houstonyoureaproblem t1_j9qp5p0 wrote

Yes, I too am shocked that the prosecutor people are complaining didn’t do his job said that he did, in fact, do his job.

There’s no point in wasting time explaining the obvious ways he could’ve been charged to you. Based on my own personal experience, anyone with a legal background claiming he couldn’t have been charged is either lying or being deliberately ignorant. Feel free to choose your own adventure.


houstonyoureaproblem t1_iu076hy wrote

Typically speaking, cross examination is an effort to develop testimony that supports your theory of the case or makes specific points you believe are important.

The idea is to ask specific questions that you know the witness will have to answer a particular way. Leading questions allow you to guide the witness where you want to go. Direct questions are open-ended and often allow the witness to explain things in greater detail.

It's all strategy, but I can assure you asking direct questions on cross-examination isn't a good approach. But you're absolutely right--Rule #1 is to be sure not to ask questions if you don't already know how the witness will answer.


houstonyoureaproblem t1_itvi878 wrote

I’m an attorney, and I deal with it all the time.

The rules on leading are incredibly relaxed in state court proceedings, likely because many people don’t really understand the rule. But it’s a different story in federal court. I’ve seen judges end direct examination by federal prosecutors when they continued to ask leading questions over objection.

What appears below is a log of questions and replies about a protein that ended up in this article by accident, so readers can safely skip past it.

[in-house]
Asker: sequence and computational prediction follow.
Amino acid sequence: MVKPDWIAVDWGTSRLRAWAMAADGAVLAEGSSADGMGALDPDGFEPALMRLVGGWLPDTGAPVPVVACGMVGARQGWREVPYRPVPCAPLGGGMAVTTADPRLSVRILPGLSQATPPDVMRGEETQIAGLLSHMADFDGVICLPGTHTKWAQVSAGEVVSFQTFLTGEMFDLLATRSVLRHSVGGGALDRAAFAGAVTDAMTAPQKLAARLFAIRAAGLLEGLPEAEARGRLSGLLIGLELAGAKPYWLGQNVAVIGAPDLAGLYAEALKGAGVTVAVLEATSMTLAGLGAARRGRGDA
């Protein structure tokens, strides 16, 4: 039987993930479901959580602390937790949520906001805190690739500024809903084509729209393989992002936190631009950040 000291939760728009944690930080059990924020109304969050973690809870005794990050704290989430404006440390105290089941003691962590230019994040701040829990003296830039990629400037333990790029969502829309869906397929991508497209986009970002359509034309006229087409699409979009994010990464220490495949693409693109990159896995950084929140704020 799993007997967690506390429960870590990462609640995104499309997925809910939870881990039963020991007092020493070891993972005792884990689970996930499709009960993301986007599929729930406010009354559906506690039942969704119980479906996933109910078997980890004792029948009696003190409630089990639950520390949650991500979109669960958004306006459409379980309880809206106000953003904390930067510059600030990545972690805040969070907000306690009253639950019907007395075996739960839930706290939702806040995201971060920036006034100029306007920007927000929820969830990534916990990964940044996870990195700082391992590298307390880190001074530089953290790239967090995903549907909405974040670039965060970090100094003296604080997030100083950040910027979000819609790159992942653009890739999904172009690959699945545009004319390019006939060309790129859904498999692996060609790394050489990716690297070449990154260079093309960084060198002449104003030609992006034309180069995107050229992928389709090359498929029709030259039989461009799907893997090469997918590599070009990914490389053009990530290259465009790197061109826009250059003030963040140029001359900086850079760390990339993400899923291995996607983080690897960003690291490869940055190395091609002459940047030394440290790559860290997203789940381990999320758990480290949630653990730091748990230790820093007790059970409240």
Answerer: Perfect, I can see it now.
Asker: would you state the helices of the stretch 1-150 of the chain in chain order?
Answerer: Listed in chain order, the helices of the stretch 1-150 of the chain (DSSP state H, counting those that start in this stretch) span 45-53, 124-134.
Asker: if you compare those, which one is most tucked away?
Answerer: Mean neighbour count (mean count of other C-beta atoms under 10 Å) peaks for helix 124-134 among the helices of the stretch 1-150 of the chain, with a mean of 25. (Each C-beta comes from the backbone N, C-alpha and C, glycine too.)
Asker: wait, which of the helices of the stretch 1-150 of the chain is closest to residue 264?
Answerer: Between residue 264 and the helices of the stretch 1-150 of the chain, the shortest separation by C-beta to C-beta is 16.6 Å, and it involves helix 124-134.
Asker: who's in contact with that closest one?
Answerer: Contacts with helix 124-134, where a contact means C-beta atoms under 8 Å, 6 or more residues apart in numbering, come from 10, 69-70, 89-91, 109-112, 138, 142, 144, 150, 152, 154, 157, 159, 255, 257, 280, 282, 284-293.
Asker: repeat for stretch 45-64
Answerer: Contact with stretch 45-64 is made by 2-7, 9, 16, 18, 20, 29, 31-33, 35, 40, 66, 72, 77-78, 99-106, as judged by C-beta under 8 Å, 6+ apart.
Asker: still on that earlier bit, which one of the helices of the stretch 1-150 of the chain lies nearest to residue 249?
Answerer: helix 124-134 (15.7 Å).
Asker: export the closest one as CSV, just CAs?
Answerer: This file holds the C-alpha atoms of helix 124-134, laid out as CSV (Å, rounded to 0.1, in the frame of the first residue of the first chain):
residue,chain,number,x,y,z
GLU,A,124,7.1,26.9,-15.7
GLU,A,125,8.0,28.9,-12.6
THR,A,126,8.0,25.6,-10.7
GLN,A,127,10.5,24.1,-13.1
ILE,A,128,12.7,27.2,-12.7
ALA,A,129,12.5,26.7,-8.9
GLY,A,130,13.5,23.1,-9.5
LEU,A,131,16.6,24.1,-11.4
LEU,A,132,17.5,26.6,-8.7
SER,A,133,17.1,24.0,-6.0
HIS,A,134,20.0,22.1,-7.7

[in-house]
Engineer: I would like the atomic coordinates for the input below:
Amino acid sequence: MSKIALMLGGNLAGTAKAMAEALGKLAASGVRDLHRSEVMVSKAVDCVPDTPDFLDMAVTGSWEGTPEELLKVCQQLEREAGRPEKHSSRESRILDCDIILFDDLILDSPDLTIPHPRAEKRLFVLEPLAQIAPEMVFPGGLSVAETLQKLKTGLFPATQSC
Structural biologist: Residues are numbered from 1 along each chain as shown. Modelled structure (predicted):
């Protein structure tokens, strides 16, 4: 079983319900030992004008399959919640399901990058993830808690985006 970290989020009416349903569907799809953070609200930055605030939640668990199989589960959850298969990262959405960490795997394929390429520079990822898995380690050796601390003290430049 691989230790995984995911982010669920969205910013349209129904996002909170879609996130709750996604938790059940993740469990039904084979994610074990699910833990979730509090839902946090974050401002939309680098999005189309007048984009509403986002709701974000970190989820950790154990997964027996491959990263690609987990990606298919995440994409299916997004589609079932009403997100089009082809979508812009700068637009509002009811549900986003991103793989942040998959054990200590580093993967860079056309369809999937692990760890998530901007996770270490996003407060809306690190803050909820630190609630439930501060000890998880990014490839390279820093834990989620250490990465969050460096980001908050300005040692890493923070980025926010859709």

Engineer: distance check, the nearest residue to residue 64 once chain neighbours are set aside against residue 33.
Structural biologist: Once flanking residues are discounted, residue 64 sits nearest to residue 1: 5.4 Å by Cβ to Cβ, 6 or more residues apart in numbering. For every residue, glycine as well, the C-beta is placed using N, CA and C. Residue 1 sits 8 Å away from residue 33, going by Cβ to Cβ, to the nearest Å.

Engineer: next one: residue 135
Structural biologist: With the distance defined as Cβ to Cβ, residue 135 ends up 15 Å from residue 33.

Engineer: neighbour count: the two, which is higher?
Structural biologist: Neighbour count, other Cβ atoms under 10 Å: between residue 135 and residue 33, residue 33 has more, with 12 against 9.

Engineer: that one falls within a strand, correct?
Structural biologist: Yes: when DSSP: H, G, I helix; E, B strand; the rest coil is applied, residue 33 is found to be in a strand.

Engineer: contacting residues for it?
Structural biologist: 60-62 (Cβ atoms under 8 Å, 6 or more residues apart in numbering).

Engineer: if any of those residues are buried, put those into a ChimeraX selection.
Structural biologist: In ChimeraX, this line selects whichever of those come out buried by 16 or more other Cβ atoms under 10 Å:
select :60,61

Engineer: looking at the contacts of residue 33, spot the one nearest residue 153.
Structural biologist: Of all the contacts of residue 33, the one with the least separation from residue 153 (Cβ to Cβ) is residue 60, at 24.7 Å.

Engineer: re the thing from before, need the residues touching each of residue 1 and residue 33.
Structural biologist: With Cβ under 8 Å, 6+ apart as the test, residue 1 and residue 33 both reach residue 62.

houstonyoureaproblem t1_itvdxro wrote


You’re correct that cross examination questions have to be within the scope of the topics discussed on direct examination.

I was taking about the form of the question. Many people including a number of attorneys don’t understand the difference between cross and direct. On direct, questions like my second example are prohibited because they lead to a specific answer. Those kinds of questions are only permitted on cross.


houstonyoureaproblem t1_isw03br wrote

Not so sure about hospitals, but I do think we'd see some benefit if nutrition information was broadcast through social media. People need that information drilled into their brains for it to have any chance of changing behavior.